Boeing to Face Criminal Charge in 737 Max Crashes

May 14, 2024 / 1 Comment

The Department of Justice is resurrecting a criminal charge against Boeing that it set aside three years ago, a development that could lead to Boeing executives sitting at the defendant’s table in a Texas courtroom.

Late Tuesday, federal prosecutors told Judge Reed O’Connor, that the plane maker had failed to live up to promises to behave better than it had during the design and certification of the troubled 737 Max.

Within five months in 2018 and 2019, two 737 Max airliners crashed killing 346 people in Indonesia and Ethiopia. Boeing pled guilty to misleading regulators during the design of the airplane. The government had alleged by allowing a fatally flawed airliner to be sold into the global market Boeing contributed to the disasters.

In exchange for Boeing’s single guilty plea, the criminal case against Boeing executives was deferred. It could have been dropped entirely after three years had Boeing kept its word and had an Alaska Airlines Boeing 737 Max not nearly come to grief just days before the agreement was set to end.

It the letter to Judge O’Connor prosecutors said that over the past 3 years Boeing failed to “prevent and detect violations of the U.S. fraud laws” or even to design a program that would help achieve it. The letter, which was also sent to the families of those killed and the airlines that fly the Max, made it clear that Boeing would now be “subject to prosecution by the United States for any federal criminal violation of which the United States has knowledge.” The government is referencing that fraud allegation but also any other crimes it believes Boeing may have committed and very likely that ill-timed Alaska Airlines episode.

We know that following the near disaster in Portland, Oregon on January 5th, during which the door of a brand new 737 Max came off in flight, the Federal Bureau of Investigation notified passengers that they may have been victims of a crime. The airplane had been delivered to Alaska Airlines without the bolts that hold the door in place and, according to the National Transportation Safety Board, none of the paperwork documenting the installation could be found.

Failing to put the door on securely may or may not be a crime but documenting the assembly of airliners is required by federal regulation.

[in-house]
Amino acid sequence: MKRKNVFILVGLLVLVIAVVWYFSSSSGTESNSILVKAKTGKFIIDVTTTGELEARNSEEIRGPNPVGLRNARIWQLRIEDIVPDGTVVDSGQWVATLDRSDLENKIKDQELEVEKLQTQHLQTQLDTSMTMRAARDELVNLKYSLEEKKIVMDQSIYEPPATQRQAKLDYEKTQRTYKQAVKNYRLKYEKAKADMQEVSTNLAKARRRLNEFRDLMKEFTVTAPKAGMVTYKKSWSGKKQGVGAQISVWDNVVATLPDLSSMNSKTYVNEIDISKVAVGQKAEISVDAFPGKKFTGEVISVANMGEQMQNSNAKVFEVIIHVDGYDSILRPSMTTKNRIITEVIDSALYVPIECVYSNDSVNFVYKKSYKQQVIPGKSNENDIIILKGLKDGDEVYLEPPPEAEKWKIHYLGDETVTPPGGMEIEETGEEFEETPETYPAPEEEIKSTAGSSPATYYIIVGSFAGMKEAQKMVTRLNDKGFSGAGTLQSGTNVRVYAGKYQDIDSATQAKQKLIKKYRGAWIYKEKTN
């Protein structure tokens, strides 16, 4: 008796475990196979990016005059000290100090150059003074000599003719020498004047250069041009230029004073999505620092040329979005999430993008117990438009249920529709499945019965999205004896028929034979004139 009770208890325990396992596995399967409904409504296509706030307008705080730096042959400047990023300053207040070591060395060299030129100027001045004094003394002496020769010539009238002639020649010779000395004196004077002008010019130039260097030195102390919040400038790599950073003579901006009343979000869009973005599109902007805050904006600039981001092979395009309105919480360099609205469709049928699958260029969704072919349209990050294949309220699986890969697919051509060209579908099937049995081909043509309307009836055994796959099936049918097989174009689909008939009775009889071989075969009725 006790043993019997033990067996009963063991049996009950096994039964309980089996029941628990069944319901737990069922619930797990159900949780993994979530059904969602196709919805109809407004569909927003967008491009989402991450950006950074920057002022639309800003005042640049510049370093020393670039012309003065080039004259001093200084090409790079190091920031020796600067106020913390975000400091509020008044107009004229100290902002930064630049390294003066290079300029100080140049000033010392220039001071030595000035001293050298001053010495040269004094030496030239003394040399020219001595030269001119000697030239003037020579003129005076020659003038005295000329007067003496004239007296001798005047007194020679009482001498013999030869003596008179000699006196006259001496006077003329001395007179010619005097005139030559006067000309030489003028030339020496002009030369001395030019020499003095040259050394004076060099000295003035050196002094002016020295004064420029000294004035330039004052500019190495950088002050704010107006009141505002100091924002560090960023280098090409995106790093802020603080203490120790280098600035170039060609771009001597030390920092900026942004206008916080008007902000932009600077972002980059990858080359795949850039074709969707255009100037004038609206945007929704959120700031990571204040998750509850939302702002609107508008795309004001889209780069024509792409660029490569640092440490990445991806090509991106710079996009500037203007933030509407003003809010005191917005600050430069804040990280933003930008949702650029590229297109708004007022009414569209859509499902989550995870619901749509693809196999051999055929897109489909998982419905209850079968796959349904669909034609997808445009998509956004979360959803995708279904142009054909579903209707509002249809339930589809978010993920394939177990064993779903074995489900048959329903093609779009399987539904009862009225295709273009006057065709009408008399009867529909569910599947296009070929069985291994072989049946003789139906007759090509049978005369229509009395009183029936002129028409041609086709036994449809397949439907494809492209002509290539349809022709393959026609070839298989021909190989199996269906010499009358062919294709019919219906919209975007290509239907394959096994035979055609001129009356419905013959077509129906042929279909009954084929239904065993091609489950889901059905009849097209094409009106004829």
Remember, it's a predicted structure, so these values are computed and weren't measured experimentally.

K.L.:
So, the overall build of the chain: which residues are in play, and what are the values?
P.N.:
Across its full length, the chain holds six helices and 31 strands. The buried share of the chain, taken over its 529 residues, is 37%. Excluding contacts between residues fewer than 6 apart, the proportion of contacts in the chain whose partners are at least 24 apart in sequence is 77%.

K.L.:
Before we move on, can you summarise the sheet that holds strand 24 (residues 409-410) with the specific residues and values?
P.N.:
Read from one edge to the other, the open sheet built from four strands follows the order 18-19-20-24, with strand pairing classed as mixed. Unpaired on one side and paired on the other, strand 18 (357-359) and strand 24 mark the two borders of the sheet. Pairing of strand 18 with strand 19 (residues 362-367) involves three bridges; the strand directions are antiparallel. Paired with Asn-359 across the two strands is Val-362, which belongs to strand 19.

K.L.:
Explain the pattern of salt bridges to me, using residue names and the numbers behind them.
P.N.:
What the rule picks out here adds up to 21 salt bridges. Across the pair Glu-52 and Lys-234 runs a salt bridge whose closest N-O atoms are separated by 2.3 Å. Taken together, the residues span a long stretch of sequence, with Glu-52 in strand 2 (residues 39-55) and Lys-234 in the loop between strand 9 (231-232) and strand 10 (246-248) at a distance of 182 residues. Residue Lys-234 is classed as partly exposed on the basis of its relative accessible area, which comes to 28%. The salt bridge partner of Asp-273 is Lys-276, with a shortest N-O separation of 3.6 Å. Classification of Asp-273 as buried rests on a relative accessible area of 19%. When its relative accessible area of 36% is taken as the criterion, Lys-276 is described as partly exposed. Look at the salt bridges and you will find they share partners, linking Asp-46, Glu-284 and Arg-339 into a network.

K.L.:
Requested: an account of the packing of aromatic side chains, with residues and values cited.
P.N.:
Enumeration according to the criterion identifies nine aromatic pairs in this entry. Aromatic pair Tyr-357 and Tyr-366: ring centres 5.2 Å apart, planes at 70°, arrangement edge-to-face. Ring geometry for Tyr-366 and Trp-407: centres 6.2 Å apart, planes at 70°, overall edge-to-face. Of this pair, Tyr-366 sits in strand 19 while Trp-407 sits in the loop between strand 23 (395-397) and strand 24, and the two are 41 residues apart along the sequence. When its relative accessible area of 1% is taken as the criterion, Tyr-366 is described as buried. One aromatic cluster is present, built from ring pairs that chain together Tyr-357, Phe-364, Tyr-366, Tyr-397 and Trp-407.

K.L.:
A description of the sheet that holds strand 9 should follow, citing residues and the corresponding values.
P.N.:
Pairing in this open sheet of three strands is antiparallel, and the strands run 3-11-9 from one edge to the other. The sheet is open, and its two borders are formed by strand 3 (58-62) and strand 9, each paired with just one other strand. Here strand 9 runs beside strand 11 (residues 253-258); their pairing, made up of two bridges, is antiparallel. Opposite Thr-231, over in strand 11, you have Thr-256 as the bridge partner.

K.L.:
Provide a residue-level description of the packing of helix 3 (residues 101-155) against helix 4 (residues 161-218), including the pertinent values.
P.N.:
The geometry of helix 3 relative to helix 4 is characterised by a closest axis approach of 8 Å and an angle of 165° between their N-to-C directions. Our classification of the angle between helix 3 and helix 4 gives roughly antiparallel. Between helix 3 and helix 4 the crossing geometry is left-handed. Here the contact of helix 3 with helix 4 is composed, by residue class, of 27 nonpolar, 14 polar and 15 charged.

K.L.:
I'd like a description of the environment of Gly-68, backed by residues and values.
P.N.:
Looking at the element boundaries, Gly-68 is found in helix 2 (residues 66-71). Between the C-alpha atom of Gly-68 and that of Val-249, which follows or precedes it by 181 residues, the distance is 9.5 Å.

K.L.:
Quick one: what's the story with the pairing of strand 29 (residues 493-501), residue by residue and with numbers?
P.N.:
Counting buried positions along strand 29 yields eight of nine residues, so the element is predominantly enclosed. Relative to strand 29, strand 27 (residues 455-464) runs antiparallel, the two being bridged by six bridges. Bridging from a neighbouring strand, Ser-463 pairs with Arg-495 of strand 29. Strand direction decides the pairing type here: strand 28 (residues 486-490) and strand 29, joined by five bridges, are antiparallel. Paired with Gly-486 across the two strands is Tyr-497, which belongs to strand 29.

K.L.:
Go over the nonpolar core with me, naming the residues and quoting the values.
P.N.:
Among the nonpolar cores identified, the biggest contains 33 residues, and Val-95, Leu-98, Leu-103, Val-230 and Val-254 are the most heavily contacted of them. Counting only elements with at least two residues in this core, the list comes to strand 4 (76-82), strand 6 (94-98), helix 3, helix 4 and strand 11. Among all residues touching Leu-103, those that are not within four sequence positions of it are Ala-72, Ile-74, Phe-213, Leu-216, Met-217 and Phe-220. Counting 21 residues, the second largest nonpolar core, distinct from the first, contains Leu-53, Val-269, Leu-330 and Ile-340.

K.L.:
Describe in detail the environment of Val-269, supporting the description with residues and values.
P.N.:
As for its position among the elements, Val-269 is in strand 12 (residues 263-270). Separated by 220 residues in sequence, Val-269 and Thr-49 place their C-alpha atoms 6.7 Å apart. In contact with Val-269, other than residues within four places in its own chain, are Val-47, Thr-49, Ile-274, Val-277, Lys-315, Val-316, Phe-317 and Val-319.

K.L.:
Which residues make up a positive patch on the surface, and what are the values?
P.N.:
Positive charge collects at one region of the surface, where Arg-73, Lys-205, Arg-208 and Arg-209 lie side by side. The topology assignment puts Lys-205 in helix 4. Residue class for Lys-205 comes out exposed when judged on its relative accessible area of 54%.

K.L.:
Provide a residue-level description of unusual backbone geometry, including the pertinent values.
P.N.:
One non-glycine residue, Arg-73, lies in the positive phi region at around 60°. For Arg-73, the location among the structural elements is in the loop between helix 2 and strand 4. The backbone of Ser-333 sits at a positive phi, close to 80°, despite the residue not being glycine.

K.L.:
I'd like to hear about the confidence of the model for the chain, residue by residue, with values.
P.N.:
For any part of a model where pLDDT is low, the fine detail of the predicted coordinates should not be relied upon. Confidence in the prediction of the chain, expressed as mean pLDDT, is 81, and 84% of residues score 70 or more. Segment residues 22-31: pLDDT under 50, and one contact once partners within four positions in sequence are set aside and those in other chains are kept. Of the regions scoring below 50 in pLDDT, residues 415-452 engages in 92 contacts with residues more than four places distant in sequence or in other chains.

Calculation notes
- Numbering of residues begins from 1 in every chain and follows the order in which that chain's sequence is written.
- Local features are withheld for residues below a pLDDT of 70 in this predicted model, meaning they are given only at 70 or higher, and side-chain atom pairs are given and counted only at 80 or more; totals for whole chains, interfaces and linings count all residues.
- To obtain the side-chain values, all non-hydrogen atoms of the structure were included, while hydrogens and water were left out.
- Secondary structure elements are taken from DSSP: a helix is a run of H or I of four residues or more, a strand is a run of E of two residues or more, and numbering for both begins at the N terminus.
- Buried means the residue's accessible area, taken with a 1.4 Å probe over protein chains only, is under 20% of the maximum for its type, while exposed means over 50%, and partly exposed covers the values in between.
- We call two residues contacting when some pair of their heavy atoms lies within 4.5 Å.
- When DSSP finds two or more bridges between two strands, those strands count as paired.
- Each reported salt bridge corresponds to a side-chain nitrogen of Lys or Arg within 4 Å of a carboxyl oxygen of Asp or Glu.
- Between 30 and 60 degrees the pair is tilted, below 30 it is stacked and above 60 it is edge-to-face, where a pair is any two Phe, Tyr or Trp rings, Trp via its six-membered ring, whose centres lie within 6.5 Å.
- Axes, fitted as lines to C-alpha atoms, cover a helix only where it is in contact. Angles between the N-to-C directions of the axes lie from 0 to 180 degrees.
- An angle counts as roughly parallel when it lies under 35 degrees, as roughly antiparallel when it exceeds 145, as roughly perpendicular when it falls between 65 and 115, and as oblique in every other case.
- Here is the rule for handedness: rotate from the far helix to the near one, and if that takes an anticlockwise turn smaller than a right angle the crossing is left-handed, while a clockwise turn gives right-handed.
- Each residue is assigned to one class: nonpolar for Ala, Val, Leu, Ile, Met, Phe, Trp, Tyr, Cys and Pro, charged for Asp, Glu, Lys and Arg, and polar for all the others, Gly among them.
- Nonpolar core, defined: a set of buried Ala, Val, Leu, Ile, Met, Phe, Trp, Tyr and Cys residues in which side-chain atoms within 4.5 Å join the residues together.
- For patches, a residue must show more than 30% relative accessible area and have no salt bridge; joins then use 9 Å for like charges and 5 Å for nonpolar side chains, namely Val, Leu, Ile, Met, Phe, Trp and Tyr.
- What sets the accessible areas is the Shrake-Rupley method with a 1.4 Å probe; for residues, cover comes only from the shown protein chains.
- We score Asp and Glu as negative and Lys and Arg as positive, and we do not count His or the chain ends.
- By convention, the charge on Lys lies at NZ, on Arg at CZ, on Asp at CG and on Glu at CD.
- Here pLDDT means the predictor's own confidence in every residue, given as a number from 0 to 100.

Boeing acknowledged the government’s determination that “we have not met our obligations under our 2021 deferred prosecution agreement,” but disagreed with it. “We believe that we have honored the terms of that agreement, and look forward to the opportunity to respond to the Department on this issue.”

Paul Cassell the former federal judge and law professor who has been representing those who lost family members on the Max crashes in Ethiopia and Indonesia said the news that Boeing may be held accountable was a “long time coming.”

The families’ fight to even be acknowledged as victims took years requiring multiple court hearings and frustrating meetings with government attorneys and Attorney General Merrick Garland.

Through it all, they’ve asked for the evidence against Boeing to be brought to trial. What’s changed is the addition of 174 new Max victims to their ranks. These are travelers who did not die and they appear to have breathed new life into the quest for the case against Boeing to be heard in court.

Test Pilot May Face Prison But Prosecution of Boeing in 737 MAX Disasters is Unlikely

Categories: Flying Lessons

One response to “Boeing to Face Criminal Charge in 737 Max Crashes”

  1. Capt. Jeff Hathorn says:

    The Bean counter “stock buy back” management , self serving bonus grifting mentality did America’s once best company -Boeing in.
    The path down the rabbit hole was set with the move to Chicago and the intent to out Airbus by building plastic Lego snap together airliners – The 787.

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